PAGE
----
Forty Years After 'Roe' and 'Doe,' Pro-Lifers Are Hopeful
A discouraging new Pew Forum poll conceals evidence of a pro-life majority, according to some leading pro-life advocates.
BY STEVE WEATHERBE
| Posted 1/22/13 at 4:50 PM
WASHINGTON —The fanfare over President Barack Obama’s second public inauguration ceremony Jan. 21 briefly overshadowed the 40th anniversary of what future generations may well consider a far more momentous event: the 1973 Supreme Court decisions of Roe v. Wade and Doe v. Bolton that removed the right of state legislatures to ban abortion. (Roe did so for the first three months of pregnancy, Doe for the rest.)
After four decades of heated debate over Roe and Doe, popular opinion remains divided on the issue. According to a new poll from the Pew Forum on Religion and Public Life, Americans don’t like abortion on demand, but they want to keep Roe.
The poll found that 63% of Americans don’t want Roe overturned by the Supreme Court, while only 29% want it thrown out, virtually the same as 20 years ago, when Pew first asked this question (the split then was 60%-34%).
Also showing little movement was public opinion on the morality of abortion, with 47% deeming it immoral, and only 13% considering it morally acceptable (in line with a 52%-12% response in Pew’s 2006 survey).
Yet the lack of movement on public attitudes towards Roe v. Wade is far from discouraging to America’s pro-life leadership — some because they take a very long view about its repeal; others because they say Pew’s findings distort the real picture; and most because they believe the key picture is one of a grassroots pro-life movement experiencing membership growth and increasing impact.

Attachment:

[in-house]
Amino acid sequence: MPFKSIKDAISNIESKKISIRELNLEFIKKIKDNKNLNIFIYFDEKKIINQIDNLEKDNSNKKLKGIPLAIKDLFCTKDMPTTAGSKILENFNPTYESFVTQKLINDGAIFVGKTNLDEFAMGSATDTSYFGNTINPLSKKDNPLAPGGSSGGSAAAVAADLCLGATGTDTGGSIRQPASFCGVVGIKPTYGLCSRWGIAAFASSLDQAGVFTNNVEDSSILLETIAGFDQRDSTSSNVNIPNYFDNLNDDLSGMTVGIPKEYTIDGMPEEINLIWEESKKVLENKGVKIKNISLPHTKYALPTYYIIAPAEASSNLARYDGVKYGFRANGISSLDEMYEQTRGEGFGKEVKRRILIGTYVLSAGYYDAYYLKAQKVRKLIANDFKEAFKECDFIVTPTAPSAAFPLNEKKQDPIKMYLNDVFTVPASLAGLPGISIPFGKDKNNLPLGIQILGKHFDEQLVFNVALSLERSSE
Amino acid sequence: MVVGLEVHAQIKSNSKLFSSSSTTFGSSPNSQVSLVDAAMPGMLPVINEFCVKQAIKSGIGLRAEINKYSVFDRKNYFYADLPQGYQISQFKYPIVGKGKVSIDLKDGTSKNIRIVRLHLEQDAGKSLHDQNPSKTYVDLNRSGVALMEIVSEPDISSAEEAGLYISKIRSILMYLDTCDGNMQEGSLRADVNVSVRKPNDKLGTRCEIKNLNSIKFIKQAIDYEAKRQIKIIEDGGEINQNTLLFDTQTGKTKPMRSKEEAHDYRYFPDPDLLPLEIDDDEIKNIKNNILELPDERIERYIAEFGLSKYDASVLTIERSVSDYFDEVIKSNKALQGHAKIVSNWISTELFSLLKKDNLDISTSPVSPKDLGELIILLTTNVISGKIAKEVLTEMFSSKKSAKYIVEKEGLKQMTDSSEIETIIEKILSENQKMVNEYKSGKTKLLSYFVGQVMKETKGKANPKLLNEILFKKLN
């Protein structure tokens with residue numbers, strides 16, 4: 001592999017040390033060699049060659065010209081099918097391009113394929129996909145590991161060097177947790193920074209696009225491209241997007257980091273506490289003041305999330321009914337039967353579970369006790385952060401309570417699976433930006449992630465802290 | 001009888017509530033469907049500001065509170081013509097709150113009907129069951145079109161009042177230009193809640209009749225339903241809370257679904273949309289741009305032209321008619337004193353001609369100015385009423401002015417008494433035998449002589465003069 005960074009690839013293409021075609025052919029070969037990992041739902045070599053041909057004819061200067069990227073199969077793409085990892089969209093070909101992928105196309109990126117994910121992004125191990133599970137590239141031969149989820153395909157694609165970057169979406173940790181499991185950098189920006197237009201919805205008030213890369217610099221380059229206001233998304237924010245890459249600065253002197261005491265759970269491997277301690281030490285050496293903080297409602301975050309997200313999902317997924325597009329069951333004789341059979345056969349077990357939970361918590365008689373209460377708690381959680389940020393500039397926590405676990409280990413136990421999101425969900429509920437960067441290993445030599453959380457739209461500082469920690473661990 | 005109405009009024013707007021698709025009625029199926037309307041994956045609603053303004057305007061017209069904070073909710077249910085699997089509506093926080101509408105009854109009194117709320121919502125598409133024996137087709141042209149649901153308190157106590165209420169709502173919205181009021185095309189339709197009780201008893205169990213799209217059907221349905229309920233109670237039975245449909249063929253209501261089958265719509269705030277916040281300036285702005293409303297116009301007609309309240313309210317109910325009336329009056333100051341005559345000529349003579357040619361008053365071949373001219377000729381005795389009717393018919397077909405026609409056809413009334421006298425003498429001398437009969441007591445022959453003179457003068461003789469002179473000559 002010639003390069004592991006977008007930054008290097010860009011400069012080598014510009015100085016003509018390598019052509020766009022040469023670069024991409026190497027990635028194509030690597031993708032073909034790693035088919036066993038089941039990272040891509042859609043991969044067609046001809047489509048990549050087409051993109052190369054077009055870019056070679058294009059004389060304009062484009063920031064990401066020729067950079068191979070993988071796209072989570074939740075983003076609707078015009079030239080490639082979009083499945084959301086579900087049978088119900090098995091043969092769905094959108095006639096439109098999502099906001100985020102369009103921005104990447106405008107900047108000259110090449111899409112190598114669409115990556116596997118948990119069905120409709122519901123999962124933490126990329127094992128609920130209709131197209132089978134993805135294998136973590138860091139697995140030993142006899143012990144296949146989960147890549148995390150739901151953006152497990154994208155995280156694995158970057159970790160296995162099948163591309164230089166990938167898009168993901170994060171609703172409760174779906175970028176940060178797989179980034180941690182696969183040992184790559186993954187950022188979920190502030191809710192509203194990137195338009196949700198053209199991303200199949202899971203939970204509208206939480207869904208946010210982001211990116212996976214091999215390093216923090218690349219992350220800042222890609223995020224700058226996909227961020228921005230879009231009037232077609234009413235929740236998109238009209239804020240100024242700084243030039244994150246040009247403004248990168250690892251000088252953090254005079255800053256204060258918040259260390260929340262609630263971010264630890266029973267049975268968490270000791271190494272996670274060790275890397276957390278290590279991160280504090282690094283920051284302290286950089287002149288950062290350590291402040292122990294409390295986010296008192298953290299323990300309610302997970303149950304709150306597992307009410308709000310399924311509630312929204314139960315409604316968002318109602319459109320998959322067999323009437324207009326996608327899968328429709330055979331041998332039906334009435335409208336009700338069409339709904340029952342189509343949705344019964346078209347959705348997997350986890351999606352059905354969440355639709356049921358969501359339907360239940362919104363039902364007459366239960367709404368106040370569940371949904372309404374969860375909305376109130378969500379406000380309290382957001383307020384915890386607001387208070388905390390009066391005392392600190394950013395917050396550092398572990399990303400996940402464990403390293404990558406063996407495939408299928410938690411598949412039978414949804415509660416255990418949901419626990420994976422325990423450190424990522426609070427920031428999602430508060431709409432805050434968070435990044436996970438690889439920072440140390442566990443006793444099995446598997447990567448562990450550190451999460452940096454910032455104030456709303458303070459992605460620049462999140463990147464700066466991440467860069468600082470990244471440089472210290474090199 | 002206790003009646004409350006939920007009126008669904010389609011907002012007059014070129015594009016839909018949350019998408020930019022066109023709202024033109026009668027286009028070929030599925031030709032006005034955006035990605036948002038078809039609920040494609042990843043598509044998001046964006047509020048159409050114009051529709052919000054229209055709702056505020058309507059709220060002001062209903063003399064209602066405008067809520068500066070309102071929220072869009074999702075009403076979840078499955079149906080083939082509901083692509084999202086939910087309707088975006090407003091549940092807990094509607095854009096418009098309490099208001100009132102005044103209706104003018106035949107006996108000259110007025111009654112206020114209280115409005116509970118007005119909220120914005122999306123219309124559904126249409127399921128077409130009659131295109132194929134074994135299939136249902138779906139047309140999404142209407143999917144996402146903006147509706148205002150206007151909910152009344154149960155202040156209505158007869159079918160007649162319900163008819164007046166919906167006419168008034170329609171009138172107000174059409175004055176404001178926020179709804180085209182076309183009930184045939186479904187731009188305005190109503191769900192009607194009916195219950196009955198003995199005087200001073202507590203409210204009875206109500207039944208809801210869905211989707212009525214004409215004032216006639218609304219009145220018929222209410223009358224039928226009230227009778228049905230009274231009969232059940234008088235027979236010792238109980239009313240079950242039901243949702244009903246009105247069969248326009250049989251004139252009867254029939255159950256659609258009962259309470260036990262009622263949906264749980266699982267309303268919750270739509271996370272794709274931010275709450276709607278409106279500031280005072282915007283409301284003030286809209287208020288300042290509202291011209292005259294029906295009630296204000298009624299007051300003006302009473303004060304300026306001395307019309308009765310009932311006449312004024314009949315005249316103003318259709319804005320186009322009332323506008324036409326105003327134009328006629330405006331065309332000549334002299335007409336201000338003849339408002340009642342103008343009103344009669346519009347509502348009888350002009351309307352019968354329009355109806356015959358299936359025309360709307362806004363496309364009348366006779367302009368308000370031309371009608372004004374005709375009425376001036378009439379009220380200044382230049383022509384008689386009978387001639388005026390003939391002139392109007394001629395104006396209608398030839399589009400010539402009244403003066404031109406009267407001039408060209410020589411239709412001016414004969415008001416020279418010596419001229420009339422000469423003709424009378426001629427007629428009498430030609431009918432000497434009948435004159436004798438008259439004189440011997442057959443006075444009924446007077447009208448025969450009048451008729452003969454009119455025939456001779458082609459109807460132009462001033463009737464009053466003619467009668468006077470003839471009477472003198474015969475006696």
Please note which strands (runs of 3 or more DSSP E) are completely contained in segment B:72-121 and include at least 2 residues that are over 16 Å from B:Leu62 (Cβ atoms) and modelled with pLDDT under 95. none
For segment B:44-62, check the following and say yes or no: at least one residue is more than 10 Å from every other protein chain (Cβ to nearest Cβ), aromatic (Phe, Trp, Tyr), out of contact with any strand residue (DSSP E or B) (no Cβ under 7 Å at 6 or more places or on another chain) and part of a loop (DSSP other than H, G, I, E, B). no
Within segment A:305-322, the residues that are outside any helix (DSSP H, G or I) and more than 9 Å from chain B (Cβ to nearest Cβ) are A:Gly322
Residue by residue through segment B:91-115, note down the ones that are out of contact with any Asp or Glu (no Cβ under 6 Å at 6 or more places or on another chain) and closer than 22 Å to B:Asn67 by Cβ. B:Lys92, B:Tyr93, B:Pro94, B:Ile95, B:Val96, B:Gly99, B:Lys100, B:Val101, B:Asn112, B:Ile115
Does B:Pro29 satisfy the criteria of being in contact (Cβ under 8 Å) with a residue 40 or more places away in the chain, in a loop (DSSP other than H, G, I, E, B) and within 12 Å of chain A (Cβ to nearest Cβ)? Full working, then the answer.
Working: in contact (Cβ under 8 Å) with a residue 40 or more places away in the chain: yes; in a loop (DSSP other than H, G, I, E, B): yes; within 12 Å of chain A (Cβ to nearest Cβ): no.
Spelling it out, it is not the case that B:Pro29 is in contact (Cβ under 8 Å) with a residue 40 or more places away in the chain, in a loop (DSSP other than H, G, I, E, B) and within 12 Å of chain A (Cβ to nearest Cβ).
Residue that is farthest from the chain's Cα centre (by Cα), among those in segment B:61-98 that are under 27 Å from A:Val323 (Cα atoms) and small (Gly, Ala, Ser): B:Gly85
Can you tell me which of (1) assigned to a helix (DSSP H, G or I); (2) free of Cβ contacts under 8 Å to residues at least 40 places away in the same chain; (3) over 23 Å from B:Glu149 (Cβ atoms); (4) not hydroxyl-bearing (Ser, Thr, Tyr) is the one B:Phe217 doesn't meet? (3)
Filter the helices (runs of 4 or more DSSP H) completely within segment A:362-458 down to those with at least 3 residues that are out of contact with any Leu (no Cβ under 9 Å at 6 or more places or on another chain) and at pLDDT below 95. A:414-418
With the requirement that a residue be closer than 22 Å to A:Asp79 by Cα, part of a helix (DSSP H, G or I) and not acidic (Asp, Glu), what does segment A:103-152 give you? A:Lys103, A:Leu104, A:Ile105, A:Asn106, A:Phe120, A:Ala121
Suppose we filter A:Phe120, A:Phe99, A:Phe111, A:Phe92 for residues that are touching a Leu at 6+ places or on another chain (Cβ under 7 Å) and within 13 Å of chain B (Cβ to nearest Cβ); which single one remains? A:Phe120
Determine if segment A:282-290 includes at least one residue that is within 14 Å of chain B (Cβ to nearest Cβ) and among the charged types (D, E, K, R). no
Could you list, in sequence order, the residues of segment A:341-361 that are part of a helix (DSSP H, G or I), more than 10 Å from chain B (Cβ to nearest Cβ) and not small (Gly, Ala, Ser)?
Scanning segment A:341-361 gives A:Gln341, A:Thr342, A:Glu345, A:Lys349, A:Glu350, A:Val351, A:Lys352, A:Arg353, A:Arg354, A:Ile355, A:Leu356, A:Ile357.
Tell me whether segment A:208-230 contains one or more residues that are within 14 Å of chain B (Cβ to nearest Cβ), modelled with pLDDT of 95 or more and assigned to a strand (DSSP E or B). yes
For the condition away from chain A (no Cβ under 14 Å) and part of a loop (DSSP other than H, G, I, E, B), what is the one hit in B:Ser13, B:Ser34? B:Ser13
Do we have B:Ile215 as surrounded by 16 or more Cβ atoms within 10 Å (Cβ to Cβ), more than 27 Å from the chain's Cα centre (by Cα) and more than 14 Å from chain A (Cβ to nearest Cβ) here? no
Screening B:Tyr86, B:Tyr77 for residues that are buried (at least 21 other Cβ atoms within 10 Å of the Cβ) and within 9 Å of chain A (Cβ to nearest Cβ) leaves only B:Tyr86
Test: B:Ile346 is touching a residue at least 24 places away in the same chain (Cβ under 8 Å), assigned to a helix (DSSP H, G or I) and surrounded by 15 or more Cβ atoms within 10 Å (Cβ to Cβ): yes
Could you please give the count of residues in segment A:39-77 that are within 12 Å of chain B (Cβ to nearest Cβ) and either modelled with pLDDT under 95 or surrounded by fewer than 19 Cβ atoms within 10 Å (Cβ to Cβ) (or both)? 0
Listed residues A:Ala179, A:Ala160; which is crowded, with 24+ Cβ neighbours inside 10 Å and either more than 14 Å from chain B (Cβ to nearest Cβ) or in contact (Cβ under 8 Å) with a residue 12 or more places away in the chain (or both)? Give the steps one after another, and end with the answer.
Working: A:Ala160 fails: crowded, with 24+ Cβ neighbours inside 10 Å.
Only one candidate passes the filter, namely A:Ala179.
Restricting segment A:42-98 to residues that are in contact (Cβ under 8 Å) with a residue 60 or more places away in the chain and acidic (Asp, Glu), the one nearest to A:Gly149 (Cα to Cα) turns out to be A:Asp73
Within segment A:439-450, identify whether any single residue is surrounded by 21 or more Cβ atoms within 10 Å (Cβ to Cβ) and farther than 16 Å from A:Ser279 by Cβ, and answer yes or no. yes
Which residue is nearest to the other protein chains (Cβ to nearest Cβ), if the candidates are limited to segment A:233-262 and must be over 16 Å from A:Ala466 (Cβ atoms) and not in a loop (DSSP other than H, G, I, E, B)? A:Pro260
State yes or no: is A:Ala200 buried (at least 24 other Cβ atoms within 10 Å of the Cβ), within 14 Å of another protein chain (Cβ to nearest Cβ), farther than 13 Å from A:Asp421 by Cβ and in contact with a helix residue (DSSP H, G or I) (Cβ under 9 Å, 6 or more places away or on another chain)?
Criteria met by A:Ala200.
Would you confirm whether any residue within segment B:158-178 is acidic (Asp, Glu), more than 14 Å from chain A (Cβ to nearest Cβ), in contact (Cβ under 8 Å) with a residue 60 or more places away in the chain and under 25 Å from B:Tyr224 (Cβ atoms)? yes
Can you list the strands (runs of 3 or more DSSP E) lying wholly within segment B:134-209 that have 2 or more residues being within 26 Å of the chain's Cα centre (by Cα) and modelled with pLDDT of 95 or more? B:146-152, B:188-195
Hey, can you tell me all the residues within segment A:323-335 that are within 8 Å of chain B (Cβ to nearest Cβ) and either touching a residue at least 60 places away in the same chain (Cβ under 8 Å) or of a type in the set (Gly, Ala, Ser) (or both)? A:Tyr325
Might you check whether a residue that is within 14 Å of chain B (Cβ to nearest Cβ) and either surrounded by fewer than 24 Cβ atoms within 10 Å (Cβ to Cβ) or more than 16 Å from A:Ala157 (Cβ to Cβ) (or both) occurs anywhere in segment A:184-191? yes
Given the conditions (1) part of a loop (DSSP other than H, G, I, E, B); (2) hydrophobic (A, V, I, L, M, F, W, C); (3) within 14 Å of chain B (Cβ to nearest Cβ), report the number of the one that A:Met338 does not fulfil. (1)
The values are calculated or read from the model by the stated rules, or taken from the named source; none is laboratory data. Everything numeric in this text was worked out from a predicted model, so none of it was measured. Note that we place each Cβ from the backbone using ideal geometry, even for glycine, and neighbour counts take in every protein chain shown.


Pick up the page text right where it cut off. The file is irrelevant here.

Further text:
“The pro-life movement is amazing,” said Austin Ruse, president of the Catholic Family & Human Rights Institute (C-FAM). “It is so broad and so deep. It is going ahead on so many fronts: the laws being passed in state legislatures, the medical research into the development of the unborn in the womb, the development of ultrasound to show the baby in utero.”
Added Shawn Carney, co-founder of the 40 Days for Life vigil. “Since we started in 2004, we have grown from one city in Texas to 482 cities in 15 countries and 50 states. Over half the abortion facilities in America have closed, and pregnancy-crisis centers outnumber abortion centers three to one.”
The Aging Abortion Lobby
The recent resignation of Nancy Keenan as head of Pro-Choice America (formerly the National Association for the Repeal of Abortion Laws) was cited by both Carney and Ruse as evidence of the other side’s discouragement. The Washington Post reported the resigning leader as saying, “If the pro-choice movement is to successfully defend abortion rights, it needs more young people in leadership roles, including hers.”
Three years earlier, Keenan had accidently encountered the annual March for Life, which brings a reported 200,000 pro-life Americans to Washington each year (on Friday, Jan. 25, this year). “I just thought, 'My gosh,'” she told Newsweek, “'they are so young. There are so many of them, and they are so young.'” Keenan indicated that her organization had spent the last three years developing a new marketing campaign to reach young people, soon to be unveiled.
Pro-life leaders such as Bill Donohue, president of the Catholic League for Religious and Civil Rights, and Richard Doerflinger, associate director of the U.S. bishops’ Secretariat for Pro-Life Activities, say the Pew poll failed to reflect accurately the opposition of most Americans to most abortions.
Doerflinger cited Gallup polling since 1994 indicating an increasing majority of Americans want either no or few abortions.
He said, “The way Pew asked the question would lead people to think overturning Roe and Doe would make all abortions illegal. In fact, it would just free up the democratic process and allow legislatures to decide the issue.”
Said Donohue, “Pew just shows that people don’t know what Roe v. Wade does.”
The Intensity Gap
Leaders were more impressed by another Pew finding because it supports what both they and their opponents have reported: the “intensity gap.” Pew reported that 38% of those who wanted to overturn Roe believed it to be a “critical” issue, but only 9% of those who opposed overturning Roe felt it to be critical.